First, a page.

Pop-Up IEP

7. "We are concerned about your child’s safety. We can’t let him/her be involved in that activity because we don’t want him/her to get hurt."

Why is this statement problematic?

Blindness or visual impairment should never be the reason that children do not participate in an activity. Children who are blind or visually impaired learn a series of skills that enable them to accomplish tasks with less than full eyesight. In addition, adaptations can be made to various activities so that children who are blind can take part. Some individuals assume that children who are blind or visually impaired are more fragile, somehow made of glass, and that everything in the environment is an inherent danger to them. Unfortunately, overzealous attempts to protect children who are blind or visually impaired from physical harm may teach them that they are incapable and helpless. Children repeatedly exposed to such beliefs are susceptible to learned helplessness and negative self-fulfilling prophecies. Conversely, children who are given opportunities to learn skills and participate in a variety of activities with appropriate adaptations gain competence and confidence and increase their knowledge base and concepts.

Possible Responses for Parents/Advocates

  1. "We understand that marching band is competitive and that you don’t want any student to get hurt. However, we know that many children who are blind or visually impaired around the country have been safe and successful in participating in marching band. We are researching strategies that have worked for other children. As we learn, we will share with you what we discover."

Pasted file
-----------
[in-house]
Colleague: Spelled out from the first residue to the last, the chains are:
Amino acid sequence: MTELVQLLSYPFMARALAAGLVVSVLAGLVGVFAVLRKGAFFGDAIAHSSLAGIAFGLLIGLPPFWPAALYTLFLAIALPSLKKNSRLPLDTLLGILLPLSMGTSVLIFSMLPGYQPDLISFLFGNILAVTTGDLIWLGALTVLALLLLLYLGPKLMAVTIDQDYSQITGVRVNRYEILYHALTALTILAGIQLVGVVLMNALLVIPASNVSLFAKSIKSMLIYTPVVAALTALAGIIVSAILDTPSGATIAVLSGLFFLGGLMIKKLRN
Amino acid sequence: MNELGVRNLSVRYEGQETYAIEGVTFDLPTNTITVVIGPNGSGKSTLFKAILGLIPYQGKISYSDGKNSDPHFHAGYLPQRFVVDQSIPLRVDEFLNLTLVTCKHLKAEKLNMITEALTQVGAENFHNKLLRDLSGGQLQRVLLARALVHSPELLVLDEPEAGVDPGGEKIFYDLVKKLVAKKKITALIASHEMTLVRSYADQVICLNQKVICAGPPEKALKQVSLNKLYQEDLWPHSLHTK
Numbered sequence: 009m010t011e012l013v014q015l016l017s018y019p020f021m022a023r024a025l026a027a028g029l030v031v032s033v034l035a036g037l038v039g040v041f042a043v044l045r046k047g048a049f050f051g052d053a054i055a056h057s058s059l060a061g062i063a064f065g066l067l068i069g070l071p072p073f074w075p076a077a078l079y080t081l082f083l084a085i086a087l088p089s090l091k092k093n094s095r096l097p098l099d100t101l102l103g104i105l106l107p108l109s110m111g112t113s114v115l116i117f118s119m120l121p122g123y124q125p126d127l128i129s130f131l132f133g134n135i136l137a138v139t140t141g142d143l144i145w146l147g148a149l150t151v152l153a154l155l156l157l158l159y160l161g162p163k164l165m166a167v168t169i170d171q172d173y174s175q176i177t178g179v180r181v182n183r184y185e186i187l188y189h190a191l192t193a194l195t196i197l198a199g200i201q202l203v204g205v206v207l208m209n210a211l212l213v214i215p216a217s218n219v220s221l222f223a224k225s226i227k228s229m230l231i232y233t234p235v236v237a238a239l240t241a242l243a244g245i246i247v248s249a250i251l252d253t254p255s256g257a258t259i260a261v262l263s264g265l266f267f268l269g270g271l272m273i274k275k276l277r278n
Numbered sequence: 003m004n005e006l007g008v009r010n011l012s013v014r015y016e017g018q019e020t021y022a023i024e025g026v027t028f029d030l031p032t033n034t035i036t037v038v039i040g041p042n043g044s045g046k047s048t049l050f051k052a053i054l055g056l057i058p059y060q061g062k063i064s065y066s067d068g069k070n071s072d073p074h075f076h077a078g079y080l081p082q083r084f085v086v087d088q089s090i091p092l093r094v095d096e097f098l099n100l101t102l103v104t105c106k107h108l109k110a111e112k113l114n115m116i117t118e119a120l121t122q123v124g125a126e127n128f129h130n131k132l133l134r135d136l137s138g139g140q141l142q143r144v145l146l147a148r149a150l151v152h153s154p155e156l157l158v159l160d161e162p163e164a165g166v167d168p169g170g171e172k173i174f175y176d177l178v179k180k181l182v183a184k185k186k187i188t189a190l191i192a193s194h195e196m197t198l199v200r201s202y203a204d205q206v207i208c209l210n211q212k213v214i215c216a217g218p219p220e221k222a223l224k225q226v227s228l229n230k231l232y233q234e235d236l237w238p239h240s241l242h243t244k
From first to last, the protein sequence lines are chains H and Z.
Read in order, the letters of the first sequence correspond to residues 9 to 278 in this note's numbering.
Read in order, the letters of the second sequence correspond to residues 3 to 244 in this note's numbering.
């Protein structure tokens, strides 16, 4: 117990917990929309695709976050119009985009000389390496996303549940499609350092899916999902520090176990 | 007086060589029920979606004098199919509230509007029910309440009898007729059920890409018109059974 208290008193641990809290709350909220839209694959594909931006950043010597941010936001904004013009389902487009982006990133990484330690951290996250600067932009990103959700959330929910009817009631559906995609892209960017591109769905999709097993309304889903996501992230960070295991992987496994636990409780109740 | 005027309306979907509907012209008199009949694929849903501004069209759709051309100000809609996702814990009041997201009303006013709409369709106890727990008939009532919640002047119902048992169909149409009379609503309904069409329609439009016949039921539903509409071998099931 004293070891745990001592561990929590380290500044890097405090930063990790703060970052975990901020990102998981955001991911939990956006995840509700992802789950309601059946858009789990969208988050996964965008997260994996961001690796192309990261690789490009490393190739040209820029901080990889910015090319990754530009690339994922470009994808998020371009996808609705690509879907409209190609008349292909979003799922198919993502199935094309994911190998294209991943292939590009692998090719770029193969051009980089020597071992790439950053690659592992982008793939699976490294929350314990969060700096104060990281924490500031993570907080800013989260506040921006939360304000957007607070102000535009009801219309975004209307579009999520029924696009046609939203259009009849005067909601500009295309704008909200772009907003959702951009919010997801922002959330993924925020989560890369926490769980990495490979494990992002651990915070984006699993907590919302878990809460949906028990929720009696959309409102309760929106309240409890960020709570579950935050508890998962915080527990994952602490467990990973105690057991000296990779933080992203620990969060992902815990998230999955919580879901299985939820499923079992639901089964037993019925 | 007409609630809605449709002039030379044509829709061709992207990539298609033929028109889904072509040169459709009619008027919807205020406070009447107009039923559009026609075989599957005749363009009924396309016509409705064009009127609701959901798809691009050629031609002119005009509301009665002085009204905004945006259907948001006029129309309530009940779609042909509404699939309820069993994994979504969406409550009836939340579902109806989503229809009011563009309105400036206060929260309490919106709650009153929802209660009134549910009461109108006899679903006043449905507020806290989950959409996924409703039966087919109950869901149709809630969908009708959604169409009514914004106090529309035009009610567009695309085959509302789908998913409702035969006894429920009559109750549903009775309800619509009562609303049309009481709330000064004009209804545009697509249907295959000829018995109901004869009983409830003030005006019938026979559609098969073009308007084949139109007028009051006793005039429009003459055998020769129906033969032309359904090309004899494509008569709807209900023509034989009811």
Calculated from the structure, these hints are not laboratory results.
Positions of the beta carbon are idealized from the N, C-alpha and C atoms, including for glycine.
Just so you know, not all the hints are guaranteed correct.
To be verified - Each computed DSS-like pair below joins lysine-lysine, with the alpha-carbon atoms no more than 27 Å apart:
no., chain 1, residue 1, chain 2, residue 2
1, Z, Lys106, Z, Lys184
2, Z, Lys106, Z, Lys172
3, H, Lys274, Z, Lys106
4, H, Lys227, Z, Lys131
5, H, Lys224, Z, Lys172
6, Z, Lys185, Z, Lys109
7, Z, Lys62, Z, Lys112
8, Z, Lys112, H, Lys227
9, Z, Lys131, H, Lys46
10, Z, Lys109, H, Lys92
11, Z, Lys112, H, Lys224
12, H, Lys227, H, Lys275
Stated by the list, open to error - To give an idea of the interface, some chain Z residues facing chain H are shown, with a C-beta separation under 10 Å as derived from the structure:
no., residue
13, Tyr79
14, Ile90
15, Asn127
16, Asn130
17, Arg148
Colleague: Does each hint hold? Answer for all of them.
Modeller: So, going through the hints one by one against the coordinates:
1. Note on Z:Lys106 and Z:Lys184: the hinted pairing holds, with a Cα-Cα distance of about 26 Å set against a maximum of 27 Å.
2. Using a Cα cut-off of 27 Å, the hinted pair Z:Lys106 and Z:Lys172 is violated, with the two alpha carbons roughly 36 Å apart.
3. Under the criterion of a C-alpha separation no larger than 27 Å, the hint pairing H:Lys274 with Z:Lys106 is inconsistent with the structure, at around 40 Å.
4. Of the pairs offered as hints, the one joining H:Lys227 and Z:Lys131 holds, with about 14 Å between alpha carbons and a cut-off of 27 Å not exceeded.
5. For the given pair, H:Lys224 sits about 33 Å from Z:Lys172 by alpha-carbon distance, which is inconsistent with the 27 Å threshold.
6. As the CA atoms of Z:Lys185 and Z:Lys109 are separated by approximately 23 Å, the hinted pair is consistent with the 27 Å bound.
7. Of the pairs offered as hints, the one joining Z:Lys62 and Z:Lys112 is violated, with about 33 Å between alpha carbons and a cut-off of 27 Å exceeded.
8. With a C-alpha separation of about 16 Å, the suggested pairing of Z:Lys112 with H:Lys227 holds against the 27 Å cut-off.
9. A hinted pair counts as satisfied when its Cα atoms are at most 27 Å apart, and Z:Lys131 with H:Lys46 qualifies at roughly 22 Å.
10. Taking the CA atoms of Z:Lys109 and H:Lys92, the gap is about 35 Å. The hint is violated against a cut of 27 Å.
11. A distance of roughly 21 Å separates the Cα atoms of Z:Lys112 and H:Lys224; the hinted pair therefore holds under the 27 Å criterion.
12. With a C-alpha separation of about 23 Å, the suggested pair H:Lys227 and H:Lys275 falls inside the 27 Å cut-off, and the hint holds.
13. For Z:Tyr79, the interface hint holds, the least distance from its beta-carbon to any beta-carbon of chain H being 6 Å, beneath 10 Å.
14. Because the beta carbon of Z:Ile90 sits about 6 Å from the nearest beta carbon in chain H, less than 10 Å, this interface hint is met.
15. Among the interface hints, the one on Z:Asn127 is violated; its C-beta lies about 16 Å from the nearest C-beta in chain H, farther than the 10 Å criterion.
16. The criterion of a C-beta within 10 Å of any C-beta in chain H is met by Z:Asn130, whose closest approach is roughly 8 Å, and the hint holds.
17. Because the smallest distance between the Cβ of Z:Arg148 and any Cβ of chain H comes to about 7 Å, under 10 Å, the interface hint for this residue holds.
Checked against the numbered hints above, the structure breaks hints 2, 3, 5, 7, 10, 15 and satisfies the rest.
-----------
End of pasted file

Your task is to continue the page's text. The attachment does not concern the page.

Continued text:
2. "Ling is only as vulnerable as the other children are when they are not paying attention. She has had bumps and bruises growing up, just as other children. We do not want to limit her experiences to protect her from those minor scrapes. She will be fine."
  3. "Brian should have no problem performing on stage. It would be helpful to let him orient himself to the stage and to mark the spot where he is supposed to stand with heavy-duty tape. After that he should be able to independently find his mark. His part and the actions of his character do not need to be altered to compensate for his blindness."
  4. "Swimmers who are blind or visually impaired can compete safely by having a spotter use a long pole to tap the swimmer on the head, shoulder, or back as they near the wall. Wrestlers who are blind or visually impaired can compete safely with each other by maintaining physical contact and touch fingertips whenever they are standing. People who are blind or visually impaired compete in track by running along a guide wire or running with a guide. People who are blind or visually impaired participate in archery by using verbal descriptions, physical guidance, and positioning guides".

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